Jerusalem: Where ‘secular’ isn’t always ‘left’

Jerusalem: Where ‘secular’ isn’t always ‘left’

When the embattled secular-left Jewish sector in Jerusalem went to vote for a new mayor in November 2008, they faced an extremely unappetizing choice: Elect either Nir Barkat, a secular millionaire businessman, who was known for his right-wing proclivities and an affiliation with Yisrael Beiteinu; or vote in ultra-Orthodox (‘haredi’) Rabbi Meir Porush of Agudat Yisrael.

Fearing the growing ‘haredization’ of their city, most of the secular left — unfortunately and admittedly a minority in Jerusalem — threw its support behind Barkat, who won with 52% of all the votes cast.

Now some are regretting their decision, as Barkat has been using his position to aid and abet efforts to expand Israeli settlements in East Jerusalem, including within the city’s Palestinian neighborhoods.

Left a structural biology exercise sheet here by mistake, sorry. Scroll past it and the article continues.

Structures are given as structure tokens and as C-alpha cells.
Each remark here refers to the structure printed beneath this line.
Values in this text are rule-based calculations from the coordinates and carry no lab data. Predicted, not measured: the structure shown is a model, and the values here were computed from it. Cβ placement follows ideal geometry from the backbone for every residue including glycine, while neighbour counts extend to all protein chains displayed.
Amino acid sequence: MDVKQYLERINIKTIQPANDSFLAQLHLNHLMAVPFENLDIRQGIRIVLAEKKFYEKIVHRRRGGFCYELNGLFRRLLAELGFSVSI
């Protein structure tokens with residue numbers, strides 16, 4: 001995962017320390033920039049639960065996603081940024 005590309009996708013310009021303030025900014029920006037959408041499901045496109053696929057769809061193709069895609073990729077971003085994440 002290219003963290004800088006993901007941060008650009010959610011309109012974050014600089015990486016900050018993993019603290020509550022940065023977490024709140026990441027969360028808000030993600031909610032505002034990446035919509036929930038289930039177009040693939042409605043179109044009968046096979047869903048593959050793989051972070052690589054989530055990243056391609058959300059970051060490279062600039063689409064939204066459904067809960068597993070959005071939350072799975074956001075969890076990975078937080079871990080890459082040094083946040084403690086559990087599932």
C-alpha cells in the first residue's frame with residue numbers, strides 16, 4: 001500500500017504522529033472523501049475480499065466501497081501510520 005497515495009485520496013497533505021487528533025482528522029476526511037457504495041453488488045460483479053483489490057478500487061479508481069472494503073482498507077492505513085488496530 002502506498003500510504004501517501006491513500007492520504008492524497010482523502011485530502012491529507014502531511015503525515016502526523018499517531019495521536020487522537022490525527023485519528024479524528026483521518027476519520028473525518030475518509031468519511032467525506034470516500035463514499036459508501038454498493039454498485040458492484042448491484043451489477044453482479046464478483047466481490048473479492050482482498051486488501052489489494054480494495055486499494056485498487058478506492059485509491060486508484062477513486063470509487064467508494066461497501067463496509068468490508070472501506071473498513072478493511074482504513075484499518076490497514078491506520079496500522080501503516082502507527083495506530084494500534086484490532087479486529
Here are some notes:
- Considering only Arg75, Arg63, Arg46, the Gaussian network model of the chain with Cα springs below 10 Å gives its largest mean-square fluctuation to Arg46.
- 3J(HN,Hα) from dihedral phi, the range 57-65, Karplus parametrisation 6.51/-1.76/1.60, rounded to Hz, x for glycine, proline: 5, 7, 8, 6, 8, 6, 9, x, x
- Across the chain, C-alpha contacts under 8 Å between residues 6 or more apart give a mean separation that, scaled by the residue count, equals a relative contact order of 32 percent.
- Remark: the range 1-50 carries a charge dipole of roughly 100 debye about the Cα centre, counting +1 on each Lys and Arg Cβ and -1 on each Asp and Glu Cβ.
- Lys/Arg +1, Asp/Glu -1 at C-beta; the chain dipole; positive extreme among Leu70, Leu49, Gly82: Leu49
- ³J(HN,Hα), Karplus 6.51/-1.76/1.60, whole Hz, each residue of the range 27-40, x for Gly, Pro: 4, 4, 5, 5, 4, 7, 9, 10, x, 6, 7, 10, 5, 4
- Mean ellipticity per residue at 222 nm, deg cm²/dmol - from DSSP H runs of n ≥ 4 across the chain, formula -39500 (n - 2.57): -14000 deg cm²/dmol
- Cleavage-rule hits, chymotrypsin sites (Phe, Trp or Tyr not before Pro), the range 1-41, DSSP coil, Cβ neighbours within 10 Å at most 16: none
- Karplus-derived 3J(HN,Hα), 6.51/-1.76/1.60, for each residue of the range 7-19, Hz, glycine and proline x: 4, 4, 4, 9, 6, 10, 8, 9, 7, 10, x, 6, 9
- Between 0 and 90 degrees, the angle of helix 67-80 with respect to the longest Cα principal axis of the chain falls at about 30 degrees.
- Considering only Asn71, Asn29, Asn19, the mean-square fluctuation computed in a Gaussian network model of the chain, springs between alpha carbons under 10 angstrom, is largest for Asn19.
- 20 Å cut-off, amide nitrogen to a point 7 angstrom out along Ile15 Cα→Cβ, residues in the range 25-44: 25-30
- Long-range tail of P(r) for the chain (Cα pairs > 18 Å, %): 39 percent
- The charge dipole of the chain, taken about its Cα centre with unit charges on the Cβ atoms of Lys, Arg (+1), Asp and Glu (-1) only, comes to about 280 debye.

Following Barkat’s involvement in the Shepherd’s Hotel and Ramat Shlomo settlement initiatives (last year and in March, respectively), his most recent move is a plan to demolish 22 homes in the Palestinian East Jerusalem neighborhood of Silwan, which borders on the Old City, in order to make way for, of all things, an Israeli tourism center.

As one would expect, Meretz was the only party in Barkat’s wall-to-wall municipal coalition that voted against the plan; as a result of which, Barkat expelled Meretz’s three city council members from his coalition and sacked Meretz’s deputy mayor, Pepe Alalu.

Alalu has now given a fascinating interview to Haaretz about the affair, as well as about the more general intersection between Jerusalem’s local and Israel’s national politics. Alalu has set a goal of unseating Barkat in the next elections – not by throwing his weight behind a haredi politician, but by fielding a “worthy secular candidate”. Let’s hope that he can pull it off.

By | 2010-06-23T14:33:00-04:00 June 23rd, 2010|Blog|0 Comments

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